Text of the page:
Chef Joymalya Banerjee plans to put Bengali cuisine on the global food map
A maverick chef-restaurateur in Calcutta has taken two of its biggest loves - the phuchka and the biryani - and shocked the living daylights off purists
From aubergine to fish and crab, the phuchka shells have a variety of fillings
A maverick chef-restaurateur in Calcutta has taken two of its biggest loves - the phuchka and the biryani - and shocked the living daylights off purists.
Chef Joymalya Banerjee, aka Joy, is piping in pureed wax gourd, aubergine, fish, crab, keema and prawns in the shells and serving them with nolen gur, and spicy honey lemon waters. The biryani has inspired his latest cocktail with baby potatoes cooked in biryani spices and soaked in alcohol. The vodka-based drink is served in terracotta tumblers, that look like the dhunuchi - used widely during during Durga Puja to dance to the beats of the dhaak. It is cheeky. Daring. But, chances are, once you have overcome your initial shock, you will be dancing to the chef's tune.
The idea behind this latest innovation came from his Street Food Festival fare, held last year. He put a twist to jhal muri by replacing the muri (bhel) with granola bars and tossed it up with Kosha Murgi (Bengali style semi-dry chicken). Another example of the audacity of his imagination tempered with a deep understanding of flavours and textures.
Bohemian, his functional looking restaurant in an old Ballygunj neighourhood in South Calcutta, has become a food destination simply by word of mouth. Curious tourists, globetrotters, NRIs and expatriates have the restaurant on their must-do list while locals drop by every evening. During festivals, the queue stretches for hours.
But, five years ago, when Bohemian first opened its doors, guests were gobsmacked. The menu was unlike anything they had seen - crabs baked with chilli pickles, cheese and kalmi greens and fish curry infused with radhuni, (a seed used in Bengali, Burmese and Thai cuisine known for its celery-like flavour and parsley-like aroma.). Some thought the chef-owner was trying to sell them paints - with words such as emulsion and reduction used to describe the dishes. Others wondered why he had taken familiar ingredients and done very unfamiliar things to them.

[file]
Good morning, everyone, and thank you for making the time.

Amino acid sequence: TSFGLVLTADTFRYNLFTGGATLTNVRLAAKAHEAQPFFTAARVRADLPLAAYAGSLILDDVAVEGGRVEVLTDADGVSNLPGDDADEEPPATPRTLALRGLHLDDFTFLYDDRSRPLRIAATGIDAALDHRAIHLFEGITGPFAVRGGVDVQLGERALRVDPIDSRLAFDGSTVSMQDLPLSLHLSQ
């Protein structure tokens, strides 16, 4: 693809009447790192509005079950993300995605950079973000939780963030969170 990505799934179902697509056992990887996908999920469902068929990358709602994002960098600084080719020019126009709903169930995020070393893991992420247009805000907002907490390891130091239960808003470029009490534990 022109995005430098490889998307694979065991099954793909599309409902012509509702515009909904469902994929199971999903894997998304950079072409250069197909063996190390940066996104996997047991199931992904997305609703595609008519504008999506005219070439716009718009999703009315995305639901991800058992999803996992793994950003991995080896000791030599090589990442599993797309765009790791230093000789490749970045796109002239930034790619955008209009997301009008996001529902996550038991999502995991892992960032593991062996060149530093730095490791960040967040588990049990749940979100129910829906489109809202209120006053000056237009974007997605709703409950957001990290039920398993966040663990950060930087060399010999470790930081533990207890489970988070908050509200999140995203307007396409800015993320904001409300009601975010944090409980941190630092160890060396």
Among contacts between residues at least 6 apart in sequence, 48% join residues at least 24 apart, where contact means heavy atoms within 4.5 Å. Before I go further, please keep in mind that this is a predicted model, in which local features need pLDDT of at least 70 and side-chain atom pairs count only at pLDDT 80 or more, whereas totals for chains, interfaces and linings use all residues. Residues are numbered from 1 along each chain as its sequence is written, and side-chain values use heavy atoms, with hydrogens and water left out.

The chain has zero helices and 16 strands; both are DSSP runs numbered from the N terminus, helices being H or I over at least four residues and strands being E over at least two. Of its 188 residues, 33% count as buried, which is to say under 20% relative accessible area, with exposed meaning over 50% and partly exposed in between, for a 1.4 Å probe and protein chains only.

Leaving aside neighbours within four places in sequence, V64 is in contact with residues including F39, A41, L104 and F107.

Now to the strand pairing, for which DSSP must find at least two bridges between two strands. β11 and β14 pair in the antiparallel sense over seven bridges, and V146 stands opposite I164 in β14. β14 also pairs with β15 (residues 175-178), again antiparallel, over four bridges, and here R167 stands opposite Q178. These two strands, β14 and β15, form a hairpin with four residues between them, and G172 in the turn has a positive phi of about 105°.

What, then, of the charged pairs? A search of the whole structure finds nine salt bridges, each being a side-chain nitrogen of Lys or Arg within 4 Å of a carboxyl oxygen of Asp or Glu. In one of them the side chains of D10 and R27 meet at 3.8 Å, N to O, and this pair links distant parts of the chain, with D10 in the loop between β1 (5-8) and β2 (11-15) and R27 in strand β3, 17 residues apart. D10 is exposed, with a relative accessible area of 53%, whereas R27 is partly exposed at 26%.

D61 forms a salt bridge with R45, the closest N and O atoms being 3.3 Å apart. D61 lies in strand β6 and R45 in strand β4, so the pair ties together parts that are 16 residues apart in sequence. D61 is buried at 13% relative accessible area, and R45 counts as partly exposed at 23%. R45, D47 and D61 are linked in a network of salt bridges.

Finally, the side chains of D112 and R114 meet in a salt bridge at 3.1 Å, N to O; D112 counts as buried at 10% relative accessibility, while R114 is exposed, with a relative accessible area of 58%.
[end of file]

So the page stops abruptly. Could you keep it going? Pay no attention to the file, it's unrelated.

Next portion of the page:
Chef Joy says he wanted to change the way Bengali cuisine was perceived the world over and at home. "Tradition is not something to cling on to. But develop. People laughed at us then, they still laugh at the kind of things we do," he says about the average Bengali who is averse to change. But they keep coming back - hoping to be surprised, shocked and discover something new again.
"Everything about Bohemian is about a leap of faith," says Joy. And it began when he realised, that cooking came naturally to him. "It is like breathing," he shrugs. Which is why he refuses to call this his "profession," and reiterates that the restaurant is not just a business but a passion, and an extension of his personality. "I have been a non conformist. I never followed the rules," says the Grateful Dead fan, who has a "chauffeur driven bike" because it is the "most practical mode of transport in the city."
Eight years with the Oh! Calcutta chain of restaurants, made Joy realise that much as he loved his roots, he wanted to look ahead. "The easiest thing for me to have done was launch another Oh! Calcutta, but I studiously avoided it," he says. His eclectic menu today is toplined with dishes such as pork in banana leaf, paanch phoron (Bengali five spice) chicken skewers, bhekti rolls with pomegranate and mustard and chicken wraps with nolen gur and darjeeling chillies.
While Joy uses classic and contemporary techniques, he believes in working with the quintessence of the ingredients. For instance, he is now developing a dessert simply called Paan. "Most people use the flavour of paan masala for paan-inspired dishes. But I am trying to use the pungency of the betel leaf."
"I have turned down offers to take Bohemian to New Delhi and Paris. I have never worked with investors. I know any expansion plan has to be financially viable. I would rather lend my brand name to a new concept than create another Bohemian, where I may not have control over every aspect," he says, adding, "I was told that at some point, you either run out of capital or creativity. But I would like to prove them wrong."
Next, chef Joy is launching a range of gourmet dog biscuits online. "I have a lot of plans. I am here for the long haul," he smiles. Two woofs of approval to that.
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